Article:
Guidance for businesses involved in transferring data out of the EU who are trying to understand how to (or often whether they can) be compliant with data protection law, post-Schrems II, is so far limited to what EU regulators have put out.

Further interpretation by the CJEU could bring more clarifying light — and, indeed, less wiggle room for processors wanting to keep schlepping Europeans’ data over the pond legally, depending on how the cookie crumbles (if you’ll pardon the pun).

noyb notes that the complaint asks the EDPS to prohibit transfers that violate EU law.

“Public authorities, and in particular the EU institutions, have to lead by example to comply with the law,” said Max Schrems, honorary chairman of noyb, in a statement. “This is also true when it comes to transfers of data outside of the EU. By using US providers, the European Parliament enabled the NSA to access data of its staff and its members.”

Per the complaint, concerns about third party trackers and data transfers were initially raised to the parliament last October — after an MEP used a tracker scanning tool to analyze the COVID-19 test booking website and found a total of 150 third-party requests and a cookie were placed on her browser.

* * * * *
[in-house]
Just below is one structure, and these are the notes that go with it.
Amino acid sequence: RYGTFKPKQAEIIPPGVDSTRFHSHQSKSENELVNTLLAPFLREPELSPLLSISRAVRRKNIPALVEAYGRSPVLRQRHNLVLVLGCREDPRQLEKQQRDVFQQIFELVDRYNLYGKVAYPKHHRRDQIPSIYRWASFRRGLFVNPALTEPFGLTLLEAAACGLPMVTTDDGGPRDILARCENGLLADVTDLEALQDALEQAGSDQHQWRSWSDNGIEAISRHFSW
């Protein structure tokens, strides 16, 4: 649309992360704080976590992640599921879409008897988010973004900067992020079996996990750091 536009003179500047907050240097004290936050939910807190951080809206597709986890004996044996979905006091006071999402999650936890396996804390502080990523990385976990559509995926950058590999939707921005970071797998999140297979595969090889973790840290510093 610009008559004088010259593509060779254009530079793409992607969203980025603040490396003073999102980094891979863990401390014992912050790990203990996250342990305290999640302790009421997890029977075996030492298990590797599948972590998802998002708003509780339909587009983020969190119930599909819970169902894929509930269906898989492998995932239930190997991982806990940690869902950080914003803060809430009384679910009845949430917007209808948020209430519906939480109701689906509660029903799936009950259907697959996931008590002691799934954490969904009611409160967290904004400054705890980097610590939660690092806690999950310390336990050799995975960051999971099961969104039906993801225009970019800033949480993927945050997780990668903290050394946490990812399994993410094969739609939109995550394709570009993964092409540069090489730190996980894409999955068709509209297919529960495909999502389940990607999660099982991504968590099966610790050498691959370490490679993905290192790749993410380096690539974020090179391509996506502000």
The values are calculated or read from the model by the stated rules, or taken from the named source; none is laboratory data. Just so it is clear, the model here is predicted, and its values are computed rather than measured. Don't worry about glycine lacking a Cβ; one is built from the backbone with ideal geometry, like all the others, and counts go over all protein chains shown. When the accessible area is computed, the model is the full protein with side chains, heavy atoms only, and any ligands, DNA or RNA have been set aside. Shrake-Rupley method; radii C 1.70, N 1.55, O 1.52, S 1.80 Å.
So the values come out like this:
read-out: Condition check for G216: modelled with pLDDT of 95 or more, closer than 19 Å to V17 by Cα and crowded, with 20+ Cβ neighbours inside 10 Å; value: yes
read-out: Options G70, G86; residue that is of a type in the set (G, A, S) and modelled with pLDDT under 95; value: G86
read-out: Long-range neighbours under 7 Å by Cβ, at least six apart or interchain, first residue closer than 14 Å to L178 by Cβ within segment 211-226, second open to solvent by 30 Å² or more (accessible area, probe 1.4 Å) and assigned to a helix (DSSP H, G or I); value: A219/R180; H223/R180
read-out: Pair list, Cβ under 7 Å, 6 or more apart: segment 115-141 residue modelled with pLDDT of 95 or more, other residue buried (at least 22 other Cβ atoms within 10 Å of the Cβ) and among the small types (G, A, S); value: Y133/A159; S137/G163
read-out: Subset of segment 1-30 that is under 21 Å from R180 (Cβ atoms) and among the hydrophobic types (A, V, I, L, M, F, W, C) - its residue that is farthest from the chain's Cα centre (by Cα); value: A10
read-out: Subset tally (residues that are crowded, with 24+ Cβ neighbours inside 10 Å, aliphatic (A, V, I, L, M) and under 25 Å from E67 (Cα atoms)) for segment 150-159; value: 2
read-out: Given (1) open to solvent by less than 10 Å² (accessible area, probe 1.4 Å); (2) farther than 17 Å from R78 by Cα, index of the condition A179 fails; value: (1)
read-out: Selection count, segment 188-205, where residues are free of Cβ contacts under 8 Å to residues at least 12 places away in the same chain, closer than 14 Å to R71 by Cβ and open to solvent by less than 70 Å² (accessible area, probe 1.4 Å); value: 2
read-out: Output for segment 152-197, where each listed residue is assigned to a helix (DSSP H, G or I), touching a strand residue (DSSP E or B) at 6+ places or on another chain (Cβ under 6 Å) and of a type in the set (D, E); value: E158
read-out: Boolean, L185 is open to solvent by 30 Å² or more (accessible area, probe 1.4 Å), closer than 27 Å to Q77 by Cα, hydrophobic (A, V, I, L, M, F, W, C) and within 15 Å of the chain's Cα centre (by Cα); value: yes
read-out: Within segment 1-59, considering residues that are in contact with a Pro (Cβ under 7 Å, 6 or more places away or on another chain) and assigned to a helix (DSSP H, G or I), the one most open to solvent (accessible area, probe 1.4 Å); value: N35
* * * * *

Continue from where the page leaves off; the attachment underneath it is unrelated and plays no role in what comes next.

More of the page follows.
Specifically, the EcoCare COVID-19 testing registration website was found to drop a cookie from the US-based company Stripe, as well as including many more third-party requests from Google and Stripe.

The complaint also notes that a data protection notice on the site informed users that data on their usage generated by the use of Google Analytics is “transmitted to and stored on a Google server in the US”.

Where consent was concerned, the site was found to serve users with two different conflicting data protection notices — with one containing a (presumably copypasted) reference to Brussels Airport.